Quantum “Kisses” That Change the Color of the Air
The movement of electrons over small distances can change the color of space itself.
Researchers at the Nanophotonic Center at the University of Cambridge have discovered that the tiny spaces –smaller than a nanometer– between two pieces of metal suffer observable changes in color thanks to the movement of electrons around them.
In order to explain the phenomenon, Jeremy Baumberg, leader of the experimental research team, uses the metaphor of “the tension building between a flirtatious couple staring into each others eyes. As their faces get closer, the tension mounts, and only a kiss discharges this energy.” The nanophotonic kiss functions in much the same way, but the lovers (in this case the metals) never actually touch each other while the air between them changes color.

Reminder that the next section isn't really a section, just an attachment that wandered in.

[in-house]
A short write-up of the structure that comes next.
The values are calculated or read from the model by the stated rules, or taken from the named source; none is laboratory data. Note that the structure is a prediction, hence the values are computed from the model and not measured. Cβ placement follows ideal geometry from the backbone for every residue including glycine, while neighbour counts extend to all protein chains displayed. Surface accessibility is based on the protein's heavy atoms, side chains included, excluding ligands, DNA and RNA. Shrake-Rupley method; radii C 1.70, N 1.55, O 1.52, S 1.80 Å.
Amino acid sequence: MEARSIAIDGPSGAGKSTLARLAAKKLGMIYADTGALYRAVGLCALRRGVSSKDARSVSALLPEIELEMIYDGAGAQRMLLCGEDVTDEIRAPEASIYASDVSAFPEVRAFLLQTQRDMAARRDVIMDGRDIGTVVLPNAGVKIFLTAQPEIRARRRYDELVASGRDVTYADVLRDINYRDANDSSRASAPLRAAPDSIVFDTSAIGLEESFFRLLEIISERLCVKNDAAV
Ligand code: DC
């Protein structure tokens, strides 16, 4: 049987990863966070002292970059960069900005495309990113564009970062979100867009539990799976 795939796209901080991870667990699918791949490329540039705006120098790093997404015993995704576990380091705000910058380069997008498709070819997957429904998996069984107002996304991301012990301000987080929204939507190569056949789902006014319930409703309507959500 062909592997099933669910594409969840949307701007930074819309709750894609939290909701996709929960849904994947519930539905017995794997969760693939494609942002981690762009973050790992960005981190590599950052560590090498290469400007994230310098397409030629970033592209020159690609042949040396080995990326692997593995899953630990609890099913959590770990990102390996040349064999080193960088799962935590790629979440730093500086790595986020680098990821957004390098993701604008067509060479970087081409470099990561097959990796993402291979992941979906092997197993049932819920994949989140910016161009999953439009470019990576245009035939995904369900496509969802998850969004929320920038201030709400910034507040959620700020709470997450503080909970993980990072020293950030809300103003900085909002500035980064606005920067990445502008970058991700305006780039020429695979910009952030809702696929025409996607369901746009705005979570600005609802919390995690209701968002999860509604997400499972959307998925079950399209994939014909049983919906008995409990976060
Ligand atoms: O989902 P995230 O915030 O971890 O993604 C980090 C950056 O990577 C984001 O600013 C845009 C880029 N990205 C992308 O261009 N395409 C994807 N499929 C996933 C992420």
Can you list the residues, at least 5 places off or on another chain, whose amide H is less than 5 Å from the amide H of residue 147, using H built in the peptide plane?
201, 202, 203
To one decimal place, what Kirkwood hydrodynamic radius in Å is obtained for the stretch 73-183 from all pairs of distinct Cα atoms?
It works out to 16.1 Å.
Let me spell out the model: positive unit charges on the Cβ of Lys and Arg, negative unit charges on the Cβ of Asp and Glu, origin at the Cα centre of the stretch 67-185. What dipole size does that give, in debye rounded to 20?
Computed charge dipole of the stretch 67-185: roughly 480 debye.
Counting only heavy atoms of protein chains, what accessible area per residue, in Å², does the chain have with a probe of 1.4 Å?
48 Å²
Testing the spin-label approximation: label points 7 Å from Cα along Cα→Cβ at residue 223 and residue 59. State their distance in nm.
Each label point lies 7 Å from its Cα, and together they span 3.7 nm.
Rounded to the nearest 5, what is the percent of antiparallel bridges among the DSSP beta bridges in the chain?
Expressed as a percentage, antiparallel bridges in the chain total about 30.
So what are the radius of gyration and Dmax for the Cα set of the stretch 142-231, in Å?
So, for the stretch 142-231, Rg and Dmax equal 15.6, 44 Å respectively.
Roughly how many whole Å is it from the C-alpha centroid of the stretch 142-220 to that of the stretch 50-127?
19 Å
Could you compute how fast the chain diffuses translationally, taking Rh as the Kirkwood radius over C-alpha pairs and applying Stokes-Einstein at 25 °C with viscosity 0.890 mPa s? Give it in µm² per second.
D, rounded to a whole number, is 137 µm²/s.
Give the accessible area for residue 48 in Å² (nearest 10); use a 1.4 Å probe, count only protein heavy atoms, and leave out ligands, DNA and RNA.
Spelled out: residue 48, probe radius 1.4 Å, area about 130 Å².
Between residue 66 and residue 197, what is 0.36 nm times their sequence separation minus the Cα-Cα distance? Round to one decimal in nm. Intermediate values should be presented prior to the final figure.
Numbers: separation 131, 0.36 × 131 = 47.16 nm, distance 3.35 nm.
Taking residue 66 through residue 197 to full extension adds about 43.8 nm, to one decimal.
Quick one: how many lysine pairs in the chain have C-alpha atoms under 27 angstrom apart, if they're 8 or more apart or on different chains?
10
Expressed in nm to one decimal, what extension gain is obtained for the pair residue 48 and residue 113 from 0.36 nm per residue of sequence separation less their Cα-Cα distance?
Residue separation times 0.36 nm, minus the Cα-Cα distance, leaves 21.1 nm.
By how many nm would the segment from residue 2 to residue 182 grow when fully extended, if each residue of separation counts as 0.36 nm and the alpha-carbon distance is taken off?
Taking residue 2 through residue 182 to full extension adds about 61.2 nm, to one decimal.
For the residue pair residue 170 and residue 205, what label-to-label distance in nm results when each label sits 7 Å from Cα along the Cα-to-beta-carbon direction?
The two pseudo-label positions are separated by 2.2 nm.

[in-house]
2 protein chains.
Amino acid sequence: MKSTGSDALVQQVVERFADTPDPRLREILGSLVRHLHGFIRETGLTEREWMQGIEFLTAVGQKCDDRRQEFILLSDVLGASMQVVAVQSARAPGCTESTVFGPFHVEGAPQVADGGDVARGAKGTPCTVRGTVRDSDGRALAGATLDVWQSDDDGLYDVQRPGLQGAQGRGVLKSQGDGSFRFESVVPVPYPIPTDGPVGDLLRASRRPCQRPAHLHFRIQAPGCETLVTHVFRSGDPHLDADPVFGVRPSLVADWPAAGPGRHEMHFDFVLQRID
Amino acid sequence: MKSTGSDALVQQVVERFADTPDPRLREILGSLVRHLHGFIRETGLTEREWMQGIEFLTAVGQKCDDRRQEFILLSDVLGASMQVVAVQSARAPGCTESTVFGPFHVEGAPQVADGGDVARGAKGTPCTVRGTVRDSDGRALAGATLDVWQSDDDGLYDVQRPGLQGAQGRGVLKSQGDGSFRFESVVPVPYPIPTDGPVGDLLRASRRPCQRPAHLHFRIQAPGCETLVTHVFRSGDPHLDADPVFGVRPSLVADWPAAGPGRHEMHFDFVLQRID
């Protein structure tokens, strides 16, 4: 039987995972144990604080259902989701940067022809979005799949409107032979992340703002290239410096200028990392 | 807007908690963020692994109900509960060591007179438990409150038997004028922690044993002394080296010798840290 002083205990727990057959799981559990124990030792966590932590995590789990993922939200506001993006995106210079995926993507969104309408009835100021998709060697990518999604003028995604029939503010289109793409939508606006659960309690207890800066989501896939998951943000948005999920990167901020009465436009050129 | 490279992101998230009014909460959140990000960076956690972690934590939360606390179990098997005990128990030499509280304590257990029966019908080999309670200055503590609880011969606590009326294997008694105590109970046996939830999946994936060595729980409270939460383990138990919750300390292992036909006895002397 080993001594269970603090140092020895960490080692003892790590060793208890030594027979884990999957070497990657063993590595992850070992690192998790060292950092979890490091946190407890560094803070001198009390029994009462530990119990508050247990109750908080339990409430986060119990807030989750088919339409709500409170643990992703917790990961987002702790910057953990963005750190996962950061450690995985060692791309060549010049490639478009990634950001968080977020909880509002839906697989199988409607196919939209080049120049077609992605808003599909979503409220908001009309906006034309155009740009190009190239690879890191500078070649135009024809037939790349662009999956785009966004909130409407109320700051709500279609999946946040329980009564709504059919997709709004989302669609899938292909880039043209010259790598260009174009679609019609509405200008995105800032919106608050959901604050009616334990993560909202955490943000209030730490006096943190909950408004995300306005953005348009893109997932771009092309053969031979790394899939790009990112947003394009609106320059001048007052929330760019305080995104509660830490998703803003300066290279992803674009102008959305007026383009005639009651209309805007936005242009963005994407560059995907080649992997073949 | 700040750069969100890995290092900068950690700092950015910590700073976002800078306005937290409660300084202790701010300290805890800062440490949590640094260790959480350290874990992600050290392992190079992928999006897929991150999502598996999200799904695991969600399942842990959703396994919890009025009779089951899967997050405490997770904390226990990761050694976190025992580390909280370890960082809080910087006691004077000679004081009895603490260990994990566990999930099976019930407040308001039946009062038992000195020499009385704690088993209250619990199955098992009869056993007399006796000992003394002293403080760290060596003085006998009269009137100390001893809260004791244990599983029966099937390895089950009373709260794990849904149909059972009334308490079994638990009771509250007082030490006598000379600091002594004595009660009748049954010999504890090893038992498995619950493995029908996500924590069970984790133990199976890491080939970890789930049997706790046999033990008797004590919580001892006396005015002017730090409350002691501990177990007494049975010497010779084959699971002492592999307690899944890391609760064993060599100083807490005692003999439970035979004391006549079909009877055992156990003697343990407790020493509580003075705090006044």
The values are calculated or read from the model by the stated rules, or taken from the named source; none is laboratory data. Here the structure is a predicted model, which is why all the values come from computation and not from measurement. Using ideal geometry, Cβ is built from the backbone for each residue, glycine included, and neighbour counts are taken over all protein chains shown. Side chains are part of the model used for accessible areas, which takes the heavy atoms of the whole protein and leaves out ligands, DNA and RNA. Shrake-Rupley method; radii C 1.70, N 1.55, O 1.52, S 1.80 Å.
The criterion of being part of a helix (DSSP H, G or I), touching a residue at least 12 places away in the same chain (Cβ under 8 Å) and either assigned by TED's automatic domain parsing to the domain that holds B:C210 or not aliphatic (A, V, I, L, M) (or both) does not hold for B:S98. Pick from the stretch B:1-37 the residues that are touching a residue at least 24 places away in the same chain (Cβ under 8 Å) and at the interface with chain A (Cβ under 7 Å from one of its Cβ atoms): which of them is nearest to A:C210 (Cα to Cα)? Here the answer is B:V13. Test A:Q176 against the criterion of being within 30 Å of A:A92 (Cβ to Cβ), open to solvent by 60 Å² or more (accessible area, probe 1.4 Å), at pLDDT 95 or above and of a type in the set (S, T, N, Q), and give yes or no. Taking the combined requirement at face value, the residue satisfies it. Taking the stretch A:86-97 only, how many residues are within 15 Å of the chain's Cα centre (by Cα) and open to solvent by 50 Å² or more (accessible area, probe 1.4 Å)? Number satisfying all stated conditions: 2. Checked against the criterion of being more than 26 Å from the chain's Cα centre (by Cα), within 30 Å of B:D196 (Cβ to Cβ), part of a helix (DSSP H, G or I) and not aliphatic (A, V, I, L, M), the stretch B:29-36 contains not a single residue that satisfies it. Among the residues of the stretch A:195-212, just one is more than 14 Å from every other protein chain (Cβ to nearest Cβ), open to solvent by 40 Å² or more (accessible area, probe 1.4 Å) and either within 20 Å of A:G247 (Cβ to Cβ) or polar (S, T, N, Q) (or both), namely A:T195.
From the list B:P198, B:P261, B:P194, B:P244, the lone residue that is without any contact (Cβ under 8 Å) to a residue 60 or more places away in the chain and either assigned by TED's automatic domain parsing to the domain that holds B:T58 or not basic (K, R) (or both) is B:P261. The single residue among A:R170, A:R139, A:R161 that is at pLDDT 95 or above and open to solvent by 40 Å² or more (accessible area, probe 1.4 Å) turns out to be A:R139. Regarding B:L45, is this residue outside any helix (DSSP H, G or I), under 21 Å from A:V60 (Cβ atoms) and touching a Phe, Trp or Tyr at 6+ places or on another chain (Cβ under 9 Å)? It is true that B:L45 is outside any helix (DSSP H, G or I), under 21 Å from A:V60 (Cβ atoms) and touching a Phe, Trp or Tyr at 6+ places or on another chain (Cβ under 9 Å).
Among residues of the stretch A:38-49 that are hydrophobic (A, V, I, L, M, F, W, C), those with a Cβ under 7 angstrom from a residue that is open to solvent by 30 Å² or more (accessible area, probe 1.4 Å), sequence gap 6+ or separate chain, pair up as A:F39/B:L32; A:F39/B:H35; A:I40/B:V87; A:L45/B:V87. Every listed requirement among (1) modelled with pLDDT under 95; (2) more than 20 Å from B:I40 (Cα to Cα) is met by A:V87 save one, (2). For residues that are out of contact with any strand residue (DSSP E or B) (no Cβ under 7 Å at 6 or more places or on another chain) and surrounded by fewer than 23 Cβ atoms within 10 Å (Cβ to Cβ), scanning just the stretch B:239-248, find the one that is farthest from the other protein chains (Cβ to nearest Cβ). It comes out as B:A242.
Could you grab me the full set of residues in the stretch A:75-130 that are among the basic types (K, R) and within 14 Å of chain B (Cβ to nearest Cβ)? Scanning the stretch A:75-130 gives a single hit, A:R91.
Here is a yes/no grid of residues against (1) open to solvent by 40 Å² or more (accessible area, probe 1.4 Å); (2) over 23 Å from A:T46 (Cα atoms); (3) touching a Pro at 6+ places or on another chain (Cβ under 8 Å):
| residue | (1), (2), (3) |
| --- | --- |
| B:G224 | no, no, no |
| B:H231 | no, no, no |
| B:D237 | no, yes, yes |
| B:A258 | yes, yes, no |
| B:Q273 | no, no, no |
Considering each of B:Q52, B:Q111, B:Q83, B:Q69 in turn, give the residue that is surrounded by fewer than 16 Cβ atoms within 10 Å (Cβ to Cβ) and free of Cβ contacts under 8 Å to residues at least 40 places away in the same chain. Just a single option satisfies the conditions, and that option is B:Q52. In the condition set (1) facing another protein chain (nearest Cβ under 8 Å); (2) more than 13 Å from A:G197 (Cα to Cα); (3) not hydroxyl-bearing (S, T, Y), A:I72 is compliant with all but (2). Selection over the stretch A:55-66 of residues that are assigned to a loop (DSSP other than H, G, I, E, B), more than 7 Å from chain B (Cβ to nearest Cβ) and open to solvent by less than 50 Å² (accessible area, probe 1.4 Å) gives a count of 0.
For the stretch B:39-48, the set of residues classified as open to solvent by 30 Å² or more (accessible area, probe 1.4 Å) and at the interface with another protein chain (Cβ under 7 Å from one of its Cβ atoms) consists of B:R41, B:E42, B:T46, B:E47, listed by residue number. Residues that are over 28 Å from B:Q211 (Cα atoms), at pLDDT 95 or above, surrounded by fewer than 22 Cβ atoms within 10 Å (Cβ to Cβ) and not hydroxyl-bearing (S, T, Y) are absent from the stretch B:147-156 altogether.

The mere idea that a metal can feel a sort of emotion as it approaches another metal, and mirrors it, adds to the vibrant belief in the “secret lives of objects.” Everything, in relation to another thing, is chemically modified (however slightly) in the interaction. It is as if the metals themselves, in a sort of alchemical impulse, wanted to kiss.
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